Neil Crud was living in Leeds during this summer & 4Q seldom rehearsed, & it proved one of the factors that made this such a poor show.
Neil; ‘My mates, Ian & Sarah Renfrew drove us in a hired Ford Fiesta, you can picture 6 of us crammed into this small car with our guitars.’
He continues, ‘The mid to late 80’s saw the height of trendy leftism amongst the youth, the sort of crowds we had to face walked around with the whole weight of the world on their shoulders. We wanted a laugh, they wanted to moan about everything. They called themselves anarchists, but they had so many rules and gave people so much stick if they didn’t agree or adhere to their rules that there was no way these people were anarchists, Nazis is a closer description. I used to get loads of hassle around West Yorkshire for selling Crud (fanzine), not from the police but from these so called anarchists who deemed Crud as “sexist shit.” I used to ask them to define the term “sexist” & if they could reply, I’d get an answer like; “it’s offensive to women.” But Crud was blatantly offensive to both men & women, therefore not sexist.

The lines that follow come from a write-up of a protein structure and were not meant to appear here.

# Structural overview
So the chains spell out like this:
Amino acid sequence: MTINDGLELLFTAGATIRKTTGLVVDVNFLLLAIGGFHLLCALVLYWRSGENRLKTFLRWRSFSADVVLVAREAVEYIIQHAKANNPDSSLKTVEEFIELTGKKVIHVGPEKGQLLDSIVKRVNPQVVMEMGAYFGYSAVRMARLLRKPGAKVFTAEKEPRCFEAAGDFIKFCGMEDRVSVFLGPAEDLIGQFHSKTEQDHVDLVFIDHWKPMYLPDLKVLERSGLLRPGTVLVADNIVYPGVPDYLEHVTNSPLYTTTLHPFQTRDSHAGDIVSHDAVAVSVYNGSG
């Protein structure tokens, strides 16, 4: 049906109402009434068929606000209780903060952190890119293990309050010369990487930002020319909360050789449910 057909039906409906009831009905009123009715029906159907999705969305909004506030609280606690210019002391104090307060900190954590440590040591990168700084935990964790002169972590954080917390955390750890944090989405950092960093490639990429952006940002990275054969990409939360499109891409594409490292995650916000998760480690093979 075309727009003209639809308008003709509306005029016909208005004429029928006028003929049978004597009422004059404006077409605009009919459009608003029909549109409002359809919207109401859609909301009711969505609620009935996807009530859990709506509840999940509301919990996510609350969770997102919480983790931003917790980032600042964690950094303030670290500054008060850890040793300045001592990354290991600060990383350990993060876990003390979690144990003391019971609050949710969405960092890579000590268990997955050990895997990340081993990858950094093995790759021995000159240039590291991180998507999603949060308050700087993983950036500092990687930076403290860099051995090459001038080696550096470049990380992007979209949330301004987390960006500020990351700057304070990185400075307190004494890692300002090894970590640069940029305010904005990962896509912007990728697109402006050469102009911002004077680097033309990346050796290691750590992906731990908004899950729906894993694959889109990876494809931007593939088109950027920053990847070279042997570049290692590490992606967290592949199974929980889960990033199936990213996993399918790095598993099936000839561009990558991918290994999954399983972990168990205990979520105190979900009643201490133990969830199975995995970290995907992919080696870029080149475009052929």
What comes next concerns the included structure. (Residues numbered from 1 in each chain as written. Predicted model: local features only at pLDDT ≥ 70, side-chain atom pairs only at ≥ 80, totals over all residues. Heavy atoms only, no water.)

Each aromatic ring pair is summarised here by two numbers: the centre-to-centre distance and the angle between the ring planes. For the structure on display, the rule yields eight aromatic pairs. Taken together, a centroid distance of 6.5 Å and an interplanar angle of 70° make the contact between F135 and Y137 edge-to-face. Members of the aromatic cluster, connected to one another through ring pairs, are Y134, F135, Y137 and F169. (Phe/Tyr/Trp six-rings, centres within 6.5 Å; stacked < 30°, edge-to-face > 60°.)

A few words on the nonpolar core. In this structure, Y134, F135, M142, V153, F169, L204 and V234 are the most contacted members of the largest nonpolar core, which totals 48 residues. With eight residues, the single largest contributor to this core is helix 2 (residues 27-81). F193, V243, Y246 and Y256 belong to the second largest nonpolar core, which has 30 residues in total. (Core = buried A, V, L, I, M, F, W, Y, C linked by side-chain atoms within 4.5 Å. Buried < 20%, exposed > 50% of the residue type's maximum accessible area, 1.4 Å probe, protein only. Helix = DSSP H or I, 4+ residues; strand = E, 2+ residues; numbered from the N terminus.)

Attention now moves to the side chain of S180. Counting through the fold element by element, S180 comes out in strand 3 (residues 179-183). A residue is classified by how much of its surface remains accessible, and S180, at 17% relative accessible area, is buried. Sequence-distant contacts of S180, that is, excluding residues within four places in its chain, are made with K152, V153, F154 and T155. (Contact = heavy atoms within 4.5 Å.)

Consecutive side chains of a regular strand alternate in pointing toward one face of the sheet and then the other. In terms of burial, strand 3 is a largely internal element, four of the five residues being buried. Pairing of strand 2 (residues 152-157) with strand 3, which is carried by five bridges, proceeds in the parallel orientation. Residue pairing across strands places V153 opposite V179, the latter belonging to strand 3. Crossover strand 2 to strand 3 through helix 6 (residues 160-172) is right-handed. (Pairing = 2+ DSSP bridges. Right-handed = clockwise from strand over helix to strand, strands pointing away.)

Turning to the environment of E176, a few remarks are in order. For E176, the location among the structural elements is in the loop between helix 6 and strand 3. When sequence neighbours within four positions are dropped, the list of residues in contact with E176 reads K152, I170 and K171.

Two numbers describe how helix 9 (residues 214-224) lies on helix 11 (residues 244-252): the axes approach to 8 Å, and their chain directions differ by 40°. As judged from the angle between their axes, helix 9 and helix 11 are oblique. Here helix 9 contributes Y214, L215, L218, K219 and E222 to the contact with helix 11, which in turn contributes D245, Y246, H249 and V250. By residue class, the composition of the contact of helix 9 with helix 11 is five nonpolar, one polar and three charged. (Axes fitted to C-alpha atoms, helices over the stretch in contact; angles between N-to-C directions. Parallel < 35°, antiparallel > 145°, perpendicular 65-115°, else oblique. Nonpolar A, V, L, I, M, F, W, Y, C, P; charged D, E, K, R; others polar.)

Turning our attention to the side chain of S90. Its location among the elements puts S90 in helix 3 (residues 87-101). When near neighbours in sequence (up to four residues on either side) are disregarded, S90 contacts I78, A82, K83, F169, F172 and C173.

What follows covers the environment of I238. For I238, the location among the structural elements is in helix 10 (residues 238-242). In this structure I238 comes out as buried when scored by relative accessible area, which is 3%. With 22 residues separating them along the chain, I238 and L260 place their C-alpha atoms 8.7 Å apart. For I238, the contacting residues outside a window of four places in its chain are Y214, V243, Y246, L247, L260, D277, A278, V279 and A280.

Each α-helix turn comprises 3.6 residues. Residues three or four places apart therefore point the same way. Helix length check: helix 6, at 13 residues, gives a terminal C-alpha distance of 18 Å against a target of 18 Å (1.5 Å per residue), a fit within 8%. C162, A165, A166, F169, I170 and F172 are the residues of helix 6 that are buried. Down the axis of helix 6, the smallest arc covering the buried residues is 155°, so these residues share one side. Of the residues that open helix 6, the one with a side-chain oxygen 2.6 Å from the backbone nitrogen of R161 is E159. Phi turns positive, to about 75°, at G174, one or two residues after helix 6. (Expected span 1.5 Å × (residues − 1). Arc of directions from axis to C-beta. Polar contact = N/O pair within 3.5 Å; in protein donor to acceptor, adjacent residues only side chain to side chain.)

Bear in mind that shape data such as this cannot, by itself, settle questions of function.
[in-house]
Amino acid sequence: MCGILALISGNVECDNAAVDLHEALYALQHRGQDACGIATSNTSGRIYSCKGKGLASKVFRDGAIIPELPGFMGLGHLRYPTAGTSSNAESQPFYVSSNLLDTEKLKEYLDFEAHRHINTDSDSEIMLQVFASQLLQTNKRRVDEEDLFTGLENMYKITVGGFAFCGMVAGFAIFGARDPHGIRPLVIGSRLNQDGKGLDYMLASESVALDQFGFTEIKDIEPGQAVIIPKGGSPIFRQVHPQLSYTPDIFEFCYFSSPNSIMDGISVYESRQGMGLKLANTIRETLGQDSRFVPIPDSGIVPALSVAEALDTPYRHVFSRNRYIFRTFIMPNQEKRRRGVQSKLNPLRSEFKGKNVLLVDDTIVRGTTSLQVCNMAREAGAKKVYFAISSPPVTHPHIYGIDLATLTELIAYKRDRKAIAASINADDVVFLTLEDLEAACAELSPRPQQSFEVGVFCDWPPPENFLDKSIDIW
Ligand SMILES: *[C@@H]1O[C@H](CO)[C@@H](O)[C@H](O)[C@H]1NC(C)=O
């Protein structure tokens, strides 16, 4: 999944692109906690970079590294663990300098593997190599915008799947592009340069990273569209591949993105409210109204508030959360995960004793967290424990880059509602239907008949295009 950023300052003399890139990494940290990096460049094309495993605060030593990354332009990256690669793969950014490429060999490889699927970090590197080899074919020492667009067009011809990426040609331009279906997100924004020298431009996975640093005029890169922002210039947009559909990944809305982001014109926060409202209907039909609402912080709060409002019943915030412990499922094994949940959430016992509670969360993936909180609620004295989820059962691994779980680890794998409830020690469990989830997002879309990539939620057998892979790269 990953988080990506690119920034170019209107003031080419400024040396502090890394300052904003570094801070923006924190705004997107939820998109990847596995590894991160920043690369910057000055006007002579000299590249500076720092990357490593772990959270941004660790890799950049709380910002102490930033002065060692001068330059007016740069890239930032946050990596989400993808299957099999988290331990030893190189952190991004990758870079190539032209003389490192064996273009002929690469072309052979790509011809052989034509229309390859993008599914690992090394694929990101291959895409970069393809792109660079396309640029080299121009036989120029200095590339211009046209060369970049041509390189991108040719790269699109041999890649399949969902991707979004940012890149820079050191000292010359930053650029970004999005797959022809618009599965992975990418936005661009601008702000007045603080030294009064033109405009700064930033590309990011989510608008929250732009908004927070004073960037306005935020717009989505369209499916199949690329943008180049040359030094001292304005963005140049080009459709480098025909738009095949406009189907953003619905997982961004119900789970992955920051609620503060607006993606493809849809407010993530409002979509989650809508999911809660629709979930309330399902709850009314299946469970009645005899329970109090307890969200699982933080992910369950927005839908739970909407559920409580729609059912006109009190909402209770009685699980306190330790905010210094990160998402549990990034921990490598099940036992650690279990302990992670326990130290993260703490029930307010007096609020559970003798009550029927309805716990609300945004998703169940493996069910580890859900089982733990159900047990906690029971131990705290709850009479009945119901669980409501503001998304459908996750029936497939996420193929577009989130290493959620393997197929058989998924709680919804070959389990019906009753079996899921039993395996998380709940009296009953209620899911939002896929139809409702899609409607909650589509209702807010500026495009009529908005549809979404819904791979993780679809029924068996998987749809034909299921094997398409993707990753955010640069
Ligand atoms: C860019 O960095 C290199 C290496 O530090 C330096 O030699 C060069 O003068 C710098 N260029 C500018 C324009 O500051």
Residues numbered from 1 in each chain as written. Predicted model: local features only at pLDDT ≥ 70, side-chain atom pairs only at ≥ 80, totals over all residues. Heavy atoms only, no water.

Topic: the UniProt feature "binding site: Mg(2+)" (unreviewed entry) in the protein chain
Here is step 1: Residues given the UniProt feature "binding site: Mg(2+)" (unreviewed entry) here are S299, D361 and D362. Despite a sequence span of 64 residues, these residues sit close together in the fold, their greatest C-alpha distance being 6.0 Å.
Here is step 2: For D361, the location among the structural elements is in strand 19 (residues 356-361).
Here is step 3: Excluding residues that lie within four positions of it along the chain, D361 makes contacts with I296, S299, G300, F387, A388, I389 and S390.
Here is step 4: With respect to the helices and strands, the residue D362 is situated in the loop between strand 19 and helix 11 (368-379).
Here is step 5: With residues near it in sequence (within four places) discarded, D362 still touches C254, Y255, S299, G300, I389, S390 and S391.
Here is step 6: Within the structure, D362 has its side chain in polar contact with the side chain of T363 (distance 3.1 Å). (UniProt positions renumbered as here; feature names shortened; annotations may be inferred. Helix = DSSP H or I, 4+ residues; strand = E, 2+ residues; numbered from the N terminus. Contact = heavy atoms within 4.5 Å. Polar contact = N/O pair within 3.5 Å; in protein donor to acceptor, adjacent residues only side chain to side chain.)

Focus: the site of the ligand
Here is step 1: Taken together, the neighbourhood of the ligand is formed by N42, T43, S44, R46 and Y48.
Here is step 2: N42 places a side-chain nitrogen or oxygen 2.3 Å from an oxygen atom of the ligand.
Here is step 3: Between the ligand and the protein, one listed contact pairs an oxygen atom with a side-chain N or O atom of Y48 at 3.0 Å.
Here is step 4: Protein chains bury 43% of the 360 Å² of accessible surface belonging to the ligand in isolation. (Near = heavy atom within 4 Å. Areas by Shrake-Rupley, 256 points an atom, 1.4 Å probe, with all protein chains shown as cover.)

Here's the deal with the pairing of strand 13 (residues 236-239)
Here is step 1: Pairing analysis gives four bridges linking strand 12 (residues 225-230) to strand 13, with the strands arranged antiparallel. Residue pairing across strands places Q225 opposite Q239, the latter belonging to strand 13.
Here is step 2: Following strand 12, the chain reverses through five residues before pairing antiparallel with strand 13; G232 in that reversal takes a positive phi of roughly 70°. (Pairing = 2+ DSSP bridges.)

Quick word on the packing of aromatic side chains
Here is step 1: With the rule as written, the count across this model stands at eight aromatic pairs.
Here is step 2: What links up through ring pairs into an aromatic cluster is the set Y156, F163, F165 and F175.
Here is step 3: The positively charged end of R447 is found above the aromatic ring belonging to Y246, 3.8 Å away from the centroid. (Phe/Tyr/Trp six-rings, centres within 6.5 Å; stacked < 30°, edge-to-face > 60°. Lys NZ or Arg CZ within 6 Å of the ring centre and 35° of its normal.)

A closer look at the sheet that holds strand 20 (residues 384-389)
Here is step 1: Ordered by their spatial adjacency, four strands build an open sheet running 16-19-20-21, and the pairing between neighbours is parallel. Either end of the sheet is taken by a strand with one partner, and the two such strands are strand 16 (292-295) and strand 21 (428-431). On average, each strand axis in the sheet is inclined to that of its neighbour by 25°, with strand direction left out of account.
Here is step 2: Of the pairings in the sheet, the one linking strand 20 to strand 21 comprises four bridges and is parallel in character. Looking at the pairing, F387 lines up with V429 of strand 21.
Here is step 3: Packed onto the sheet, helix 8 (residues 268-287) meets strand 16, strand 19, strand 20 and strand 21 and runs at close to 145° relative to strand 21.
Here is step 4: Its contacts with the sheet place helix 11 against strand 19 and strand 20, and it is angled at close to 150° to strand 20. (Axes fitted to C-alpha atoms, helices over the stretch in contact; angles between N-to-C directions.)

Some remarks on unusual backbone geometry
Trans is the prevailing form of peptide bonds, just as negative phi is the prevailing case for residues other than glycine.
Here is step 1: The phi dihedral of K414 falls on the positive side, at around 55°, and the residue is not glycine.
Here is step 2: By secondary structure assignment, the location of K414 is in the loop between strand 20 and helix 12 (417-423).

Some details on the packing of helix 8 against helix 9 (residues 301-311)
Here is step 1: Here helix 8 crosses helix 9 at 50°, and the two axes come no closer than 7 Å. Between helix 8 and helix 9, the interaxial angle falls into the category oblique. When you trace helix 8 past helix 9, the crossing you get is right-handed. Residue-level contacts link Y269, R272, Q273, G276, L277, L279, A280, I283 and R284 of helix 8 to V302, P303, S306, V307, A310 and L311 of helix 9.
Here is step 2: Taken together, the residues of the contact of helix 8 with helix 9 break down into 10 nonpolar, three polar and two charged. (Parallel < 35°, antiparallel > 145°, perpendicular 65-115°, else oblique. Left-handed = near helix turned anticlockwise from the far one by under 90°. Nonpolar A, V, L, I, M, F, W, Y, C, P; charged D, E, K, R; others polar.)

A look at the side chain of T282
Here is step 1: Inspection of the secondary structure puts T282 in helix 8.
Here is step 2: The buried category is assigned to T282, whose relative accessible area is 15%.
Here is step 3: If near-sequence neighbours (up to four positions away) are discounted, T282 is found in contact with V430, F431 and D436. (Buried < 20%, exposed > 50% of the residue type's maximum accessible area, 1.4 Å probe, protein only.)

‘We encountered this anarchist audience in Bradford, 350 of them, all as miserable as sin, OK so we didn’t help matters by playing really badly. But they all sat there staring at us as if we were aliens or something, I was only 21 years old at the time, but if I was older & the way I am now I would have really given them all a good ribbing, a good winding up. As it happened it worked anyway, Paul Puke got hassled by a fat skinhead lesbian called Sade over the lyrical content of PMT which she found offensive, Paul told her to go & read Crud.
‘The only good thing to come out of that gig was that we befriended a band from Bolton ironically called PMT who did a few gigs with us as a result.’
4Q Set – Nein Werk, VD, 1984, PMT, I Hate TV, Dope Fiend, LSD, Video Party, Jerks, Twisted Tabloids
Metal Duck played similar stuff to many of the bands doing the gig circuit at the time in that lost world between Discharge hardcore and the emerging thrash scene, but they were a notch above the rest of them for actually being in it for a laugh.
Culture Shock were good, slick and professional and their guitarist was good enough to let me use his amp. We were too shy to properly speak to them; after all, they were fronted by Dick Lucas – a Subhuman by all accounts! The whole place was bouncing throughout their set.